Example: JER 43:3
כִּ֗י בָּרוּךְ֙ בֶּן־נֵ֣רִיָּ֔ה מַסִּ֥ית אֹתְךָ֖ בָּ֑נוּ
ki barukh ben-neriyyah massith ‘othekha banu
for Baruch son-of_Neriah is-inciting [dir.obj]-you in-us
For Baruch son of Neriah is inciting you against us

Some verbs express different meanings in different stem formations. A good example is the verb גָּלָה. In the Qal stem, the verb גָּלָה expresses the simple action “to uncover” or “to reveal”. But in the Hiphil stem, the verb גָּלָה expresses the simple action “to exile”. Again, this will be indicated by a dictionary or lexicon.

Example: AMO 5:27
וְהִגְלֵיתִ֥י אֶתְכֶ֖ם מֵהָ֣לְאָה לְדַמָּ֑שֶׂק
wehiglethi ‘ethkhem mehal’ah ledammaseq
And-I-will-exile [dir.obj]-you from-beyond to-Damascus
Therefore I will exile you beyond Damascus

Some verbs express the same meaning in multiple stem formations. A good example is the verb יָדַע, which expresses the causative action “to make known” (meaning, to cause to know) in both the Piel stem and the Hiphil stem. This also will be indicated by a dictionary or lexicon.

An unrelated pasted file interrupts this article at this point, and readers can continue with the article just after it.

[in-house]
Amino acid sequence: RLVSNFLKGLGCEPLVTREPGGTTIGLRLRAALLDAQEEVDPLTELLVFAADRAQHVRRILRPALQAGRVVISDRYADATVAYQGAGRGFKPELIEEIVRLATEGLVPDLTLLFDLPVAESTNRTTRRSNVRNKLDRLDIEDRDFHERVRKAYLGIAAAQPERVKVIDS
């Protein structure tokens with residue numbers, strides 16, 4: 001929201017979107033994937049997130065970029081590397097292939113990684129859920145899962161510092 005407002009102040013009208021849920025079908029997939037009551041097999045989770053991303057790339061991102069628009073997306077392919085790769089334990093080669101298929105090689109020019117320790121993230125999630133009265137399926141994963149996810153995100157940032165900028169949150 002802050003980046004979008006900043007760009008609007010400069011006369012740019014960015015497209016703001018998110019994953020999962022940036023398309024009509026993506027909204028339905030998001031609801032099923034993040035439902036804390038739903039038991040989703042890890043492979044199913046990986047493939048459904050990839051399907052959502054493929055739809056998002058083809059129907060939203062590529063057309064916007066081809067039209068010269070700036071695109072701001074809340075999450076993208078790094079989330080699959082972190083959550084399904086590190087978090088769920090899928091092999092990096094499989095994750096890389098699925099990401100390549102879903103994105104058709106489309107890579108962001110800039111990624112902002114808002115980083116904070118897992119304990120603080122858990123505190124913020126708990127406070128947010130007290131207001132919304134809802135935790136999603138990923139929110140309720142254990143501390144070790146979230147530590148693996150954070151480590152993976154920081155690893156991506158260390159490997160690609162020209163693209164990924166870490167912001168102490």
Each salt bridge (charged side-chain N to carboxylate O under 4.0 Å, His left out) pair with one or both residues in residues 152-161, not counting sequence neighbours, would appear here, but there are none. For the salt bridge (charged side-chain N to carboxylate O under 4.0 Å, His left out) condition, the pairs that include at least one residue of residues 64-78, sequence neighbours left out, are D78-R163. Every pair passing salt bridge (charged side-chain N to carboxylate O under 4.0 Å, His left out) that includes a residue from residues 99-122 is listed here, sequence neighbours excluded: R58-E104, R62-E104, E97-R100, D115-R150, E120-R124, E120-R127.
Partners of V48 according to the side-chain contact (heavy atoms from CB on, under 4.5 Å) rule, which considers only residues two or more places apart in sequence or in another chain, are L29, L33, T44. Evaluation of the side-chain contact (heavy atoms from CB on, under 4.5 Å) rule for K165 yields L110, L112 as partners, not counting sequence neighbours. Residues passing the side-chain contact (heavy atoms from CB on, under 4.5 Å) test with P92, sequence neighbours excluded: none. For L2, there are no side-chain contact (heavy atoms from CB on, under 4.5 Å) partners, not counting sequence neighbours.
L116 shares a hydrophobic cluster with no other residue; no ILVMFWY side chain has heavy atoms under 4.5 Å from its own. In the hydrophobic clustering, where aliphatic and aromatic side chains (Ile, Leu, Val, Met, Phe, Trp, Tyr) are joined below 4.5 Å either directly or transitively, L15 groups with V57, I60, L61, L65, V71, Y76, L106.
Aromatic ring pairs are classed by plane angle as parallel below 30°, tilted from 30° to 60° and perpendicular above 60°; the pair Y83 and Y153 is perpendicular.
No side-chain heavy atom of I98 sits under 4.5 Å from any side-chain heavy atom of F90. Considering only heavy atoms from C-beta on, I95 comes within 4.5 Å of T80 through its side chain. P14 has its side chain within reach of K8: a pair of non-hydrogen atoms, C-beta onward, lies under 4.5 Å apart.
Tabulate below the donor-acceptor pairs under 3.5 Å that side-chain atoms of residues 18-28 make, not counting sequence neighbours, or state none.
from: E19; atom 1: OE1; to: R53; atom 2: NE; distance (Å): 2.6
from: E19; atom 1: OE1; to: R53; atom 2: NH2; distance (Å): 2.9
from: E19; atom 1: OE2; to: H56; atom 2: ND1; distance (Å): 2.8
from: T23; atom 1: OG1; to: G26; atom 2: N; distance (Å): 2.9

Example: PSA 98:2
הוֹדִ֣יעַ יְ֭הוָה יְשׁוּעָת֑וֹ
hodia’ yehwah yeshu’atho
He-made-known Yahweh his-salvation
Yahweh has made known his salvation

The Hiphil stem can also be used to express miscellaneous kinds of simple or causative action that might not follow any of the other descriptions listed above. As always, the specific meaning of the verb will be indicated by a dictionary or lexicon.

Hiphil stem expressing idiomatic action:

Example: GEN 6:12
וַיַּ֧רְא אֱלֹהִ֛ים אֶת־הָאָרֶץ וְהִנֵּ֣ה נִשְׁחָ֑תָה
כִּֽי־הִשְׁחִ֧ית כָּל־בָּשָׂ֛ר אֶת־דַּרְכּ֖וֹ עַל־הָאָרֶץ
wayyar ‘elohim ‘eth-ha’arets wehinneh nishhathah ki-hishhith
kol-basar ‘eth-darko ‘al-ha’arets
And-he-saw God [dir.obj]_the-land and-behold it-was-corrupt
because_made-corrupt all_flesh [dir.obj]_his-way on_the-land.
And God saw the land and behold it was corrupt because all flesh
had corrupted its ways upon the land.

Hiphil stem declaring a state rather than expressing an action:

Example: 1KI 8:32
לְהַרְשִׁ֣יעַ רָשָׁ֔ע לָתֵ֥ת דַּרְכּ֖וֹ בְּרֹאשׁ֑וֹ
וּלְהַצְדִּ֣יק צַדִּ֔יק לָ֥תֶת ל֖וֹ כְּצִדְקָתֽוֹ׃
leharshia’ rasha’ latheth darko berosho ulehatsdiq tsaddiq
latheth lo ketsidqatho
to-condemn evil-person to-give his-way on-his-head
and-to-declare-righteous righteous-person to-give to-him according-to-his-righteousness
To condemn the evildoer, to punish him according to his actions,
and to vindicate the righteous man, to reward him according to his righteousness.